Scottish Labour leader Richard Leonard, an ideological ally of Corbyn, backs staying in the customs union. 

Evolution. A long, slow, almost imperceptible process driven by brutal competition in a desperate attempt to adapt to survive. An accurate description then by Shadow Chancellor John McDonnell, of Labour’s shifting, chimera of a Brexit policy. After an away day that didn’t decamp very far at all, there seems to have been a mutation in Labour’s policy on customs union. Even McDonnell, a long-term Eurosceptic, indicated that Labour may support Tory amendments when the report stages of the customs and trade bills are finally timetabled by the government (currently delayed) to remain in either “The” or “A” customs union.

This is a victory of sorts for Europhiles in the Shadow Cabinet like Emily Thornberry and Keir Starmer. But it is particularly a victory for Scottish Labour leader Richard Leonard. A strong ally of Jeremy Corbyn who comes from the same Bennite tradition, Leonard broke cover last month to call for exactly such a change to policy on customs union.

Scotland has a swathe of marginal Labour-SNP seats. Its voters opted voted by a majority in every constituency to Remain. While the Scottish National Party has a tendency to trumpet this as evidence of exceptionalism – Scotland as a kind-of Rivendell to England’s xenophobic Mordor – it’s clear that a more Eurocentric, liberal hegemony dominates Scottish politics. Scotland’s population is also declining and it has greater need of inward labour through migration than England. It is for these reasons that the SNP has mounted a fierce assault on Labour’s ephemeral EU position.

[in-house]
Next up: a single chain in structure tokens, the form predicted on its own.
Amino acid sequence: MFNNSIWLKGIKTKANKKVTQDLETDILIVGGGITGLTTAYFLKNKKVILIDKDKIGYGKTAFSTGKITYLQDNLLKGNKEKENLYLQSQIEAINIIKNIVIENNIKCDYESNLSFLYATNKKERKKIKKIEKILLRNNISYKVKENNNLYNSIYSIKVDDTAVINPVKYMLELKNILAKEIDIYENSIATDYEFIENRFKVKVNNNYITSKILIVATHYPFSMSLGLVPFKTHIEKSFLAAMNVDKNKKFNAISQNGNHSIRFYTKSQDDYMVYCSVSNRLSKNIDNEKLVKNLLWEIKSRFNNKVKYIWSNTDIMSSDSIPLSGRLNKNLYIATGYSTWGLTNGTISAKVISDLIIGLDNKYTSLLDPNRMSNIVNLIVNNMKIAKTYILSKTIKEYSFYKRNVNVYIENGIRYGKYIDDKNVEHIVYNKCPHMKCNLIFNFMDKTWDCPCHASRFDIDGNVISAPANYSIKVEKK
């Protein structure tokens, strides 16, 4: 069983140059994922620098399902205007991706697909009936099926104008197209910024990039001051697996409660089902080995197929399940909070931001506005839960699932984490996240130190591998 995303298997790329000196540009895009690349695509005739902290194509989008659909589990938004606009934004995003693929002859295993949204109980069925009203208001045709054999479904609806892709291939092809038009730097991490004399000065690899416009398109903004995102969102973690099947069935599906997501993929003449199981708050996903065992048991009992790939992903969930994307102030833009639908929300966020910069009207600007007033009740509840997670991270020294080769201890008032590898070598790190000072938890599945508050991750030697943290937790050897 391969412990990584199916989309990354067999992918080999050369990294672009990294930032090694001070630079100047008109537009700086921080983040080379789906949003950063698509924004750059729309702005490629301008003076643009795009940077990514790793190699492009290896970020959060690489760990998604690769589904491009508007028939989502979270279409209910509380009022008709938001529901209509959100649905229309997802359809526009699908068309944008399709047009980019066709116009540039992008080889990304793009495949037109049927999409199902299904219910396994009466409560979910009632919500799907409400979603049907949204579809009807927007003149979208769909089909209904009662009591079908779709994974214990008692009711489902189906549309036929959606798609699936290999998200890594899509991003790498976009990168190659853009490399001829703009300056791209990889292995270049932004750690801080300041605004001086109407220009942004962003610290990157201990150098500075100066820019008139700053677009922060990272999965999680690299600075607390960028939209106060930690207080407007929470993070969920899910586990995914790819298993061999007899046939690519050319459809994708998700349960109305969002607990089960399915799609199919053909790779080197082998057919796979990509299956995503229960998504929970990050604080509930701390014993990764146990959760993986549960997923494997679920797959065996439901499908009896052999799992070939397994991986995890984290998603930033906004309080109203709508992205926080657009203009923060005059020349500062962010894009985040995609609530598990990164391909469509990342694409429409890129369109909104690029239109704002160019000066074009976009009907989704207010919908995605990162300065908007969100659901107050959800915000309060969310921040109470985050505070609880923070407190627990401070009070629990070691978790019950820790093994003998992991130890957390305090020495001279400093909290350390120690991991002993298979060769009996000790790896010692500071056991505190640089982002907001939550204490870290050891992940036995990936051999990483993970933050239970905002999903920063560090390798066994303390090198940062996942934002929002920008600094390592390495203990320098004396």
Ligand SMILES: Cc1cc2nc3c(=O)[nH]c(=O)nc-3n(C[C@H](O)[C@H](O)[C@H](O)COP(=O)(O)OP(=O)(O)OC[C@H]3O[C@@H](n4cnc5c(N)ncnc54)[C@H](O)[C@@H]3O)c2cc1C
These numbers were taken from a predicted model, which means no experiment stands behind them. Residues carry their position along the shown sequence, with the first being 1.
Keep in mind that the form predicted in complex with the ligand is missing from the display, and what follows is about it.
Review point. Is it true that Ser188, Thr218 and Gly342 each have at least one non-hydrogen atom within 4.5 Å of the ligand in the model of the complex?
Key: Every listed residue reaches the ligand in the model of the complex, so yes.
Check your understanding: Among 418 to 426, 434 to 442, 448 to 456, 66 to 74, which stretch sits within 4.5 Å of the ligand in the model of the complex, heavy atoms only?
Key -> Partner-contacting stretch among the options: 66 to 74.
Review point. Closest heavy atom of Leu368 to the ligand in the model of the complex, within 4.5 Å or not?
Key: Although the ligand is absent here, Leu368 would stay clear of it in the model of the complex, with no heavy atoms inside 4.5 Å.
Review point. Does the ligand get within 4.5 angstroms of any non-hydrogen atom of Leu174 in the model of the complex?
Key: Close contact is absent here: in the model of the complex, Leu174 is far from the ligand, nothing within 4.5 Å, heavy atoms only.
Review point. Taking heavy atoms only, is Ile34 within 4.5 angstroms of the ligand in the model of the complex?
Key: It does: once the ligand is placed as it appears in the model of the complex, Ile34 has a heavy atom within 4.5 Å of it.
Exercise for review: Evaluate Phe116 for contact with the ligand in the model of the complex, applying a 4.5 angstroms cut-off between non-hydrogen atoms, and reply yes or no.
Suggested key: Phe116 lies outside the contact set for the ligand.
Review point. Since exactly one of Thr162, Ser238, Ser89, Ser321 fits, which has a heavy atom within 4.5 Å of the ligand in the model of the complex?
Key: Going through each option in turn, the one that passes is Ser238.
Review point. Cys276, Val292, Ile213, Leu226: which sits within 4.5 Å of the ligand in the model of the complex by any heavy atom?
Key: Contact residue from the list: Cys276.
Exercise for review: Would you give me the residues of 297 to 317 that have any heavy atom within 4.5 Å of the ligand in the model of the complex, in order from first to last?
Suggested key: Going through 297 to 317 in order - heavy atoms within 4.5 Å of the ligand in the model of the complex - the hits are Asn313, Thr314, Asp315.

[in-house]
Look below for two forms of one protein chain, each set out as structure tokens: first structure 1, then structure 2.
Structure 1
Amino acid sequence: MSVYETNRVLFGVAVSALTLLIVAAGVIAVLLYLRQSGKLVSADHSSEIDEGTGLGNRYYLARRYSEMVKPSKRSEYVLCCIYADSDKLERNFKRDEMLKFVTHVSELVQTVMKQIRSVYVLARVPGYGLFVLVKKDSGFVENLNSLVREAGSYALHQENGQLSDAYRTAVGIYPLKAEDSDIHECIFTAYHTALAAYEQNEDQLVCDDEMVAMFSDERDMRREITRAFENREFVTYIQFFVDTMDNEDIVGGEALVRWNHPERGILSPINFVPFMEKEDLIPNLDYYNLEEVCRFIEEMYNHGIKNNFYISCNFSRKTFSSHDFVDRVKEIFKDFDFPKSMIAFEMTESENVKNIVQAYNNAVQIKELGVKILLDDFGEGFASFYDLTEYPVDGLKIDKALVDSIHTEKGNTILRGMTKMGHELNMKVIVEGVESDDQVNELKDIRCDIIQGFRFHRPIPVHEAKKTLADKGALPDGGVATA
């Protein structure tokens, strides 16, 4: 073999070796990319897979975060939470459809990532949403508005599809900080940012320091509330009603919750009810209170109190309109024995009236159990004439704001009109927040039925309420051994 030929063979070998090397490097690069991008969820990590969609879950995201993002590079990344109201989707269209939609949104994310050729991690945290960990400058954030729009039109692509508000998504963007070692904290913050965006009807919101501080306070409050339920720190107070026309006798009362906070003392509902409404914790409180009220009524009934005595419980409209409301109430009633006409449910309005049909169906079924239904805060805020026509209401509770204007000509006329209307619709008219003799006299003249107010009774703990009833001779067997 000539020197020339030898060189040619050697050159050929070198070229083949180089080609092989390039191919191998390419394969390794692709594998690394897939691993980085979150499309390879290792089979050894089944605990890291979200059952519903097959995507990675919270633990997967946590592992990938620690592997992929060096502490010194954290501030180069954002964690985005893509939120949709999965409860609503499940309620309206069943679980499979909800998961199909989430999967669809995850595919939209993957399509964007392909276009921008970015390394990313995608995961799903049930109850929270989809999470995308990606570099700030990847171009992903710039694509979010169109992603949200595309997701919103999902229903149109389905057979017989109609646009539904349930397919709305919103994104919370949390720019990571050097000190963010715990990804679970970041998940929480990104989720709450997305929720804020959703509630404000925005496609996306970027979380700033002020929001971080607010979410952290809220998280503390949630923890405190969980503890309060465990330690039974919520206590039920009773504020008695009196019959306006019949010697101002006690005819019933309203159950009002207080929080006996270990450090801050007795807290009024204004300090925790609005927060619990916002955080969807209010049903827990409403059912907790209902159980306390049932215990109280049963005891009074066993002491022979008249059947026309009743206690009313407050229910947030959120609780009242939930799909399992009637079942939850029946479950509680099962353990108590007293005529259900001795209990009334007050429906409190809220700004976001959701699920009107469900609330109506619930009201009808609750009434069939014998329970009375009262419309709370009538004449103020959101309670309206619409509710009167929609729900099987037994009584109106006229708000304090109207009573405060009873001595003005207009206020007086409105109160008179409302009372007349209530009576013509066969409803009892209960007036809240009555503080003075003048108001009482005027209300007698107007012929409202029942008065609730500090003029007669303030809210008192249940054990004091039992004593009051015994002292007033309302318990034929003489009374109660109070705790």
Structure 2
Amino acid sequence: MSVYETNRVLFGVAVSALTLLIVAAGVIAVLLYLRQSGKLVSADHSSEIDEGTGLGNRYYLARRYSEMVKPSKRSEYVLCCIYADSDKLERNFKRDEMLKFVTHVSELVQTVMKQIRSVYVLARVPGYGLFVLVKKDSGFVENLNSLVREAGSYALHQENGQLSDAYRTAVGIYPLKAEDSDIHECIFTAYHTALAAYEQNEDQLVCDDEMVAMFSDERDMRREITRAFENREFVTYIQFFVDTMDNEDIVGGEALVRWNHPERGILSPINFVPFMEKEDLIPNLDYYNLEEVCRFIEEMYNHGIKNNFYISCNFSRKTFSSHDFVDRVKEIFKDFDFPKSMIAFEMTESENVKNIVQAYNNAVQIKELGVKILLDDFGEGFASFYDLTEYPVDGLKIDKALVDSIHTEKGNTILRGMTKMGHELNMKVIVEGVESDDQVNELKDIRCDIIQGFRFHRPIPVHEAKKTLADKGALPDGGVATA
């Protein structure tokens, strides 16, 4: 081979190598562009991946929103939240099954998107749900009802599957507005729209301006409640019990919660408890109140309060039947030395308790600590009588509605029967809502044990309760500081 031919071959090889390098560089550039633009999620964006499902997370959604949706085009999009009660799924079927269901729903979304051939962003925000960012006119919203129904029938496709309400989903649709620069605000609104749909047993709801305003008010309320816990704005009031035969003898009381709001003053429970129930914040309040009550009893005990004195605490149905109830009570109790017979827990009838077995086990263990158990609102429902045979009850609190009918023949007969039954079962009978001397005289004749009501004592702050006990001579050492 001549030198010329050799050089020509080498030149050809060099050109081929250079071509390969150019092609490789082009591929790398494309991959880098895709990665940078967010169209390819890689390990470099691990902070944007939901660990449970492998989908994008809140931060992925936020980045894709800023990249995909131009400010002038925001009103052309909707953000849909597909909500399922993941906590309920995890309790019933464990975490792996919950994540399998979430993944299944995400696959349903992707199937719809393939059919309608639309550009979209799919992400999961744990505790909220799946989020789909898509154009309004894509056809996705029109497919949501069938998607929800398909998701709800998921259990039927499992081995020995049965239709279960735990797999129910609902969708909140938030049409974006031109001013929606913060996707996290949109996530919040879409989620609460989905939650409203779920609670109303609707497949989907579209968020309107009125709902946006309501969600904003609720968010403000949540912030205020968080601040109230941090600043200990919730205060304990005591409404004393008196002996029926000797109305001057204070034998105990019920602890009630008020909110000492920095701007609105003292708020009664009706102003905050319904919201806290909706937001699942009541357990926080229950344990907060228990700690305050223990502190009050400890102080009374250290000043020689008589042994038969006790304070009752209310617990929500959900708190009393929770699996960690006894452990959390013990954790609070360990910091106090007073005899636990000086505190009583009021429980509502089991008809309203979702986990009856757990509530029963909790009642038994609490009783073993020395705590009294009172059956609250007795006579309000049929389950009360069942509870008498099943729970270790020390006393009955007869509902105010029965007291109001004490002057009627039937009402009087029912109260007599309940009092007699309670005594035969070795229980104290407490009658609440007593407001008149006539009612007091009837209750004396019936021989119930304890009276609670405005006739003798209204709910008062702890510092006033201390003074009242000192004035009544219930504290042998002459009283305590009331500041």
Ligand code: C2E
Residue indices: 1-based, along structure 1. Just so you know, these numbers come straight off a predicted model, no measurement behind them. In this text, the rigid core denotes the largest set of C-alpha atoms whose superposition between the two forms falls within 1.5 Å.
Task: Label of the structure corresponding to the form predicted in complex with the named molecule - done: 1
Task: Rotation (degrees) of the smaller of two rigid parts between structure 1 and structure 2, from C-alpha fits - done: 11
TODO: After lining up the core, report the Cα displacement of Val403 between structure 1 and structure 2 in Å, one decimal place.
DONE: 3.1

At first glance, the need for Labour to shift its Brexit position is not as obvious as Remainers might have it. As the Liberal Democrat experience in last year’s general election demonstrates, if you want to choose opposing Brexit as your hill to die on… then die you well may. This was to some extent replicated in the recent Scottish Labour Leadership race. Anas Sarwar, the centrist challenger, lost after making Brexit an explicit dividing line between himself and the eventual winner, Leonard. The hope that a juggernaut of Remainer fury might coalesce as nationalist resentment did in 2015 turned out to be a dud. This is likely because for many Remainers, Europe is not as high on their list of concerns as other matters like the NHS crisis. They may, however, care about it however when the question is forced upon them.